Check with your doctor right away if you have a fever, joint pain, skin rash, swelling of the body, feet, or ankles, or unusual weight gain after receiving this medicine. These could be symptoms of serious kidney problem called acute interstitial nephritis.
This medicine may cause diarrhea, and in some cases it can be severe. It may occur 2 months or more after you stop taking this medicine. Do not take any medicine to treat diarrhea without first checking with your doctor. If you have any questions or if mild diarrhea continues or gets worse, check with your doctor.
Cutaneous or systemic lupus erythematosus may occur or get worse in patients receiving a PPI. Call your doctor right away if you have joint pain or a skin rash on your cheeks or arms that gets worse when exposed to the sun.
Make sure any doctor or dentist who treats you knows that you are using this medicine. This medicine may affect the results of certain medical tests.
Do not take other medicines unless they have been discussed with your doctor. This includes prescription or nonprescription (over-the-counter [OTC]) medicines and herbal (eg, St. John's wort) or vitamin supplements.
Triple Therapy Side Effects
Along with its needed effects, a medicine may cause some unwanted effects. Although not all of these side effects may occur, if they do occur they may need medical attention.
Check with your doctor immediately if any of the following side effects occur:
Incidence not known
- Blistering, peeling, or loosening of the skin
- clay colored stools
- dark urine
- difficulty with swallowing
- dizziness or fainting
- fast, slow, or irregular heartbeat
- hives, itching, or skin rash
- joint or muscle pain
- loss of appetite
- puffiness or swelling of the eyelids or around the eyes, face, lips, or tongue
- red skin lesions, often with a purple center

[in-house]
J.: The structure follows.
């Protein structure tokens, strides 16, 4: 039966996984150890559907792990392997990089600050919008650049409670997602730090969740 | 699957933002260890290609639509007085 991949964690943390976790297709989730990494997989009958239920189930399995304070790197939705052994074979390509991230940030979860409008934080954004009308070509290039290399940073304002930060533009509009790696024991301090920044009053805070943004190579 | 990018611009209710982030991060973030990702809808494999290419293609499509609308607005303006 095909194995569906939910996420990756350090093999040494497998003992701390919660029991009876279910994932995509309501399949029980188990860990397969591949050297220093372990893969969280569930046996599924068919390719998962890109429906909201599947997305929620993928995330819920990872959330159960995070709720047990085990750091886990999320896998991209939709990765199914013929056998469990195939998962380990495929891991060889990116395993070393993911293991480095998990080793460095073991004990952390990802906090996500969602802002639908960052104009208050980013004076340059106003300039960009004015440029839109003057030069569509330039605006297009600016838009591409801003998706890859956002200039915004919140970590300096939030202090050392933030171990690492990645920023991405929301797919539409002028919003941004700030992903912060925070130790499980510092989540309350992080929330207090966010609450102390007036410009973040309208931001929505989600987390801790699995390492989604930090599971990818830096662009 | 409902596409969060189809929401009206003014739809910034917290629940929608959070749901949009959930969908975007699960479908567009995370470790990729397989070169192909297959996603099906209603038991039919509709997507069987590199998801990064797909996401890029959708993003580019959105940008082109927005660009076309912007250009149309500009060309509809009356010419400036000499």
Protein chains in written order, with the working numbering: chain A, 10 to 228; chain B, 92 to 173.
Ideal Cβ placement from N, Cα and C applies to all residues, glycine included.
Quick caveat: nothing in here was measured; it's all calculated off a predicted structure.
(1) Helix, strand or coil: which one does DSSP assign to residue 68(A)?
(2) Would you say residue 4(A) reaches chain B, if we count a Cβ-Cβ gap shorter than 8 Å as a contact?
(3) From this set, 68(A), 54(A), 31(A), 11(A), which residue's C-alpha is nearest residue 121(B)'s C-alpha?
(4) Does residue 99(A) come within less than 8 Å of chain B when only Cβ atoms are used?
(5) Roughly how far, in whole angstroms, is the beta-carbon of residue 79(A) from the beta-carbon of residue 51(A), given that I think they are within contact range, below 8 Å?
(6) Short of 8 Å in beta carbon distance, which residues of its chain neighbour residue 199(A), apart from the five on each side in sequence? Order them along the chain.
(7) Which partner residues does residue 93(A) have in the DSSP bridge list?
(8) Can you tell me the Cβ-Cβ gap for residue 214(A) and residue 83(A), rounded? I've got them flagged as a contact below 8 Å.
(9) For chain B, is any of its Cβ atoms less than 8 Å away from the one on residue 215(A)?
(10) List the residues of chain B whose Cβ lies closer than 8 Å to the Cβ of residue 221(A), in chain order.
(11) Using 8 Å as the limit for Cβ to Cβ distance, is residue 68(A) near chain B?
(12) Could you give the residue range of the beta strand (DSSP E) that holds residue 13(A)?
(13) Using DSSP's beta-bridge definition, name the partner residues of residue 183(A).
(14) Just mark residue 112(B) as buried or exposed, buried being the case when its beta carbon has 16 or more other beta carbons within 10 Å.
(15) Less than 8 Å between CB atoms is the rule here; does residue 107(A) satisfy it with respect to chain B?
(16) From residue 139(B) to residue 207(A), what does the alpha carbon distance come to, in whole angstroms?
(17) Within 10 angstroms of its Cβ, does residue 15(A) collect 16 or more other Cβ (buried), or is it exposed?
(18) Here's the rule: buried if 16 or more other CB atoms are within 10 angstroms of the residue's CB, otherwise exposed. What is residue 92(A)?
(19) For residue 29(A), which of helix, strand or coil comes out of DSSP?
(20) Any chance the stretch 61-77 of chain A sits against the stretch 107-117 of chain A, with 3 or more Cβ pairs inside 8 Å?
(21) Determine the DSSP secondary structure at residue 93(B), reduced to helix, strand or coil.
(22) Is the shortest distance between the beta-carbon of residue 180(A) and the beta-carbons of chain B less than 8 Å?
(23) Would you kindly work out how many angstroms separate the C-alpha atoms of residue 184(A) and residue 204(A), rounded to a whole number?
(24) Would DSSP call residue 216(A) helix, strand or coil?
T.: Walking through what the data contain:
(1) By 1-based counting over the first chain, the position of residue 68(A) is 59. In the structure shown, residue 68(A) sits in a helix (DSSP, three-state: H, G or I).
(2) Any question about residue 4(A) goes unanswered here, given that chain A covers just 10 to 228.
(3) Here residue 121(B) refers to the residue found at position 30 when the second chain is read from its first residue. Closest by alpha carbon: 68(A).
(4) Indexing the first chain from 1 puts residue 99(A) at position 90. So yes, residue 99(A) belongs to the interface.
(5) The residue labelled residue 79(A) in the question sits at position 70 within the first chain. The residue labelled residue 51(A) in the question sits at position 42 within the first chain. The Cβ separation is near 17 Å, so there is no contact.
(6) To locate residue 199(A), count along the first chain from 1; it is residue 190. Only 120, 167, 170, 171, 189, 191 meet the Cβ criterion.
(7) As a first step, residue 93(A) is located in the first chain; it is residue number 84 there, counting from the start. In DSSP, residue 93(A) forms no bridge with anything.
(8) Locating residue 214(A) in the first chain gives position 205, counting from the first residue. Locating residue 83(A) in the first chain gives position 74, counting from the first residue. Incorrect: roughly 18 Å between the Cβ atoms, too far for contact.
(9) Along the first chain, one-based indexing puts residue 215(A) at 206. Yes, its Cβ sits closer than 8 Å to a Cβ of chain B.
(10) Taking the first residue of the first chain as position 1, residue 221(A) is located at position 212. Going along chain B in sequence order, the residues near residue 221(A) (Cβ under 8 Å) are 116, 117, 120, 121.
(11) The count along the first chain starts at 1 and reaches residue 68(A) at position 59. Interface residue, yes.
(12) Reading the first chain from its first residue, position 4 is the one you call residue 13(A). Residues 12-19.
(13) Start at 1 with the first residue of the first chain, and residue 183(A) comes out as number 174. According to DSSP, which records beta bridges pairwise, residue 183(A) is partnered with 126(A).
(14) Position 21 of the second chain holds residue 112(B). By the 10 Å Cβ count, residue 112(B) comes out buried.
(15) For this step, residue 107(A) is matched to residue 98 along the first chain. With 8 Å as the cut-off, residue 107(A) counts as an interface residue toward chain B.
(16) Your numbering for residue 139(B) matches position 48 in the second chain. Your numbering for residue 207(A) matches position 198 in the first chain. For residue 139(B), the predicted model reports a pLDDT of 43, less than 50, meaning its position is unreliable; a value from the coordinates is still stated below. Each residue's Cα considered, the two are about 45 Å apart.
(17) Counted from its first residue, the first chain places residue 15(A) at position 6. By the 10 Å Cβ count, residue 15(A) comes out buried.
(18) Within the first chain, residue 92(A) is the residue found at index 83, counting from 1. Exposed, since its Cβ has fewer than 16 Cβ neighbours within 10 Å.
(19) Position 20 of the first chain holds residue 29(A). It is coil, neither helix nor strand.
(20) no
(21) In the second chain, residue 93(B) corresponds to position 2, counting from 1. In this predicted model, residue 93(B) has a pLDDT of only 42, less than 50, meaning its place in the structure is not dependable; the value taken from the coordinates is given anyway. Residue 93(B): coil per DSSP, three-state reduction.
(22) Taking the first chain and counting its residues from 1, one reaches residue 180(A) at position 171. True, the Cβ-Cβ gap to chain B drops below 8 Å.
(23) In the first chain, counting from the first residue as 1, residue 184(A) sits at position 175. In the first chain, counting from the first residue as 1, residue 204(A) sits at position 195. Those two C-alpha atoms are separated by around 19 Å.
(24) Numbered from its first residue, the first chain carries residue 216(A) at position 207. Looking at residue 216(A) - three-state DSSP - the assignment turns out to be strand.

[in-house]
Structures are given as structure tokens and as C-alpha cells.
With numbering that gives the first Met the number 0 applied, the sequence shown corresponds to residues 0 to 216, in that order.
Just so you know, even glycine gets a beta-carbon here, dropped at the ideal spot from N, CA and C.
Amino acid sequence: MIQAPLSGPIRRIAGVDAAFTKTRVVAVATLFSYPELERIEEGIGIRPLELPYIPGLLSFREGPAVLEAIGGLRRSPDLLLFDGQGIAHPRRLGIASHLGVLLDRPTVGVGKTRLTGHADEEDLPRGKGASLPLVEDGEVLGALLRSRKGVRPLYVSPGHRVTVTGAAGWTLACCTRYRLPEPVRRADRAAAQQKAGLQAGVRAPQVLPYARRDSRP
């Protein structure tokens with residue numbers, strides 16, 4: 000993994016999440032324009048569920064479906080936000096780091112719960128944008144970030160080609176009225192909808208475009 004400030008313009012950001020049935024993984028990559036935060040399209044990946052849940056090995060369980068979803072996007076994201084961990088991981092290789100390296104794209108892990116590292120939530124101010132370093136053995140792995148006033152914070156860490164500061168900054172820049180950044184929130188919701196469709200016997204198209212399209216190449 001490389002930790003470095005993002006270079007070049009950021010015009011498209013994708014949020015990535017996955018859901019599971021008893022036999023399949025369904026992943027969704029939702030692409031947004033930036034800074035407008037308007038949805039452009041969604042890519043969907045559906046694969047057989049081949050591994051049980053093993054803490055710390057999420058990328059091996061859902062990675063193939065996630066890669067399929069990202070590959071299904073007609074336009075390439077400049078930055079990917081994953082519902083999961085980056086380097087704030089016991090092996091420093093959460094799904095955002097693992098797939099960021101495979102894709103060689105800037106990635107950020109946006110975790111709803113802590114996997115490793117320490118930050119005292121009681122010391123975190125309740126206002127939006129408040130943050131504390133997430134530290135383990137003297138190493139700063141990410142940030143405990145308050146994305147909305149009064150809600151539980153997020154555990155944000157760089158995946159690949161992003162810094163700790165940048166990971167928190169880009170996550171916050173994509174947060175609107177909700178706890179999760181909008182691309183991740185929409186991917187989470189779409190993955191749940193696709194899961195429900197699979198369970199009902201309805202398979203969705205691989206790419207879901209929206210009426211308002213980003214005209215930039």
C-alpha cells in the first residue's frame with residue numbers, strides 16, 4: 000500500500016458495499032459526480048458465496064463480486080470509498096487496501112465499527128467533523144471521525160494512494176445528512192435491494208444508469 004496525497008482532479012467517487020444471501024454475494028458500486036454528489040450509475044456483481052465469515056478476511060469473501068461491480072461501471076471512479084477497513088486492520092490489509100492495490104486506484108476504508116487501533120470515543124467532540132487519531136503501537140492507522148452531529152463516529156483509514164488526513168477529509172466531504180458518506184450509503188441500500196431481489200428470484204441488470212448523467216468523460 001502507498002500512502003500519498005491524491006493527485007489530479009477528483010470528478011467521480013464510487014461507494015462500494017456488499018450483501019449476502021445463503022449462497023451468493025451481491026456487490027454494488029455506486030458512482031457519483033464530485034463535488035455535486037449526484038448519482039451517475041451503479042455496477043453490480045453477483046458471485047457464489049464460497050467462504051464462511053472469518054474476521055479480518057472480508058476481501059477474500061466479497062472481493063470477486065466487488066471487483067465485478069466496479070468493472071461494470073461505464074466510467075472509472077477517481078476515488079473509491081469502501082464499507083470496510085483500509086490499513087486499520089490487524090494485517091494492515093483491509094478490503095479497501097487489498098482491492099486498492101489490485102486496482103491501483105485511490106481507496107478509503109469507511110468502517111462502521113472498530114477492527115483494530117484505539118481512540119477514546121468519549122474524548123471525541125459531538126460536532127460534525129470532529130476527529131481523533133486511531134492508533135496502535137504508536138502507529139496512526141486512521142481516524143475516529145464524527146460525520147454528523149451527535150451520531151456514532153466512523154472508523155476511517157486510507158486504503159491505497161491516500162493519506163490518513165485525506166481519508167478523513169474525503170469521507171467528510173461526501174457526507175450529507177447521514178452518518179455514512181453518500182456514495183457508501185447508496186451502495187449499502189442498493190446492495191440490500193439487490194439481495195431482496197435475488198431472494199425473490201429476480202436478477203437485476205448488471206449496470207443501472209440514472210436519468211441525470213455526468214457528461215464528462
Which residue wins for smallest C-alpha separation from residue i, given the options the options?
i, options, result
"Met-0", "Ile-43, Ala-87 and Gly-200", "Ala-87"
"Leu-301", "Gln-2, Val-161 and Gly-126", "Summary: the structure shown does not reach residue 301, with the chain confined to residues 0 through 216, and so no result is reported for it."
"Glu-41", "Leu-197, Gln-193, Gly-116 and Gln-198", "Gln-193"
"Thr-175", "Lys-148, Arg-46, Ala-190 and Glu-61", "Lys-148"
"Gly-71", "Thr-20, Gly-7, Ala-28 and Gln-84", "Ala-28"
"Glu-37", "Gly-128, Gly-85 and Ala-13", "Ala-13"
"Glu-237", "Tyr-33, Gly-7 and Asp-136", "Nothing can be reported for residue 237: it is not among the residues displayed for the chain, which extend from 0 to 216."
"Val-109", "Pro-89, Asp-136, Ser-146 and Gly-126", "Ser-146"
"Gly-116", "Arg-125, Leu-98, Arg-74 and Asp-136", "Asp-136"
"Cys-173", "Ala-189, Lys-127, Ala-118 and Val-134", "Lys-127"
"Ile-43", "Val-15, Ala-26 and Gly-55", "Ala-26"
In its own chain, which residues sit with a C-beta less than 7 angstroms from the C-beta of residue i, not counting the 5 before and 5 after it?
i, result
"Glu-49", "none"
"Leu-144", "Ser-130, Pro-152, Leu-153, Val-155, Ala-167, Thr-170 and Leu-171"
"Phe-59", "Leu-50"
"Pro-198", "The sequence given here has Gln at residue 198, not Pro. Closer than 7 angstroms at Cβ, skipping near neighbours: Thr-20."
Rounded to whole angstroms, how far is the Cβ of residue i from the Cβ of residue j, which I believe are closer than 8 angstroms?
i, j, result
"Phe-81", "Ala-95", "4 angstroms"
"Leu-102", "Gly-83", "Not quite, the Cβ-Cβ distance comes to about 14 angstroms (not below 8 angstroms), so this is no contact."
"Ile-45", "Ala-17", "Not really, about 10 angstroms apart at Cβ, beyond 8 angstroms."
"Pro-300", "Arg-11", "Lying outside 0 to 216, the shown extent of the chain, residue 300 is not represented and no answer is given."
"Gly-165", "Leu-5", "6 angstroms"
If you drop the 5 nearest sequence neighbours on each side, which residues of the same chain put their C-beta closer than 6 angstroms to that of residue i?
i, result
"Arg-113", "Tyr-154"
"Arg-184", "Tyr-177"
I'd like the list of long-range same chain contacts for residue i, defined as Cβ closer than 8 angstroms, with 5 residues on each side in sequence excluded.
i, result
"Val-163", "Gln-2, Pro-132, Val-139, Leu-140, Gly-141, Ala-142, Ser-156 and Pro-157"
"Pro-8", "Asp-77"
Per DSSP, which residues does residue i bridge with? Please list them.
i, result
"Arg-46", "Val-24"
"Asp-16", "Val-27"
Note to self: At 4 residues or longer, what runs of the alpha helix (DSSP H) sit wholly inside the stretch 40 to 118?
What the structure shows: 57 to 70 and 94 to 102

- red, irritated eyes
- sores, ulcers, or white spots in the mouth or on the lips
- stomach pain or tenderness
- swelling of the body, feet, and ankles
- tightness in the chest
- unusual tiredness or weakness
- unusual weight gain
- watery and severe diarrhea, which may also be bloody
- yellow eyes or skin
Some side effects may occur that usually do not need medical attention. These side effects may go away during treatment as your body adjusts to the medicine. Also, your health care professional may be able to tell you about ways to prevent or reduce some of these side effects. Check with your health care professional if any of the following side effects continue or are bothersome or if you have any questions about them:
- Bad, unusual or unpleasant (after) taste
- change in taste
- discoloration of the tongue
- itching of the vagina or genital area
- pain during sexual intercourse
- redness, swelling, or soreness of the tongue
- sore mouth or tongue
- thick, white vaginal discharge with no odor or with a mild odor
- white patches in the mouth, tongue, or throat
Other side effects not listed may also occur in some patients. If you notice any other effects, check with your healthcare professional.
Call your doctor for medical advice about side effects. You may report side effects to the FDA at 1-800-FDA-1088.
See also: Side effects (in more detail)
Always consult your healthcare provider to ensure the information displayed on this page applies to your personal circumstances.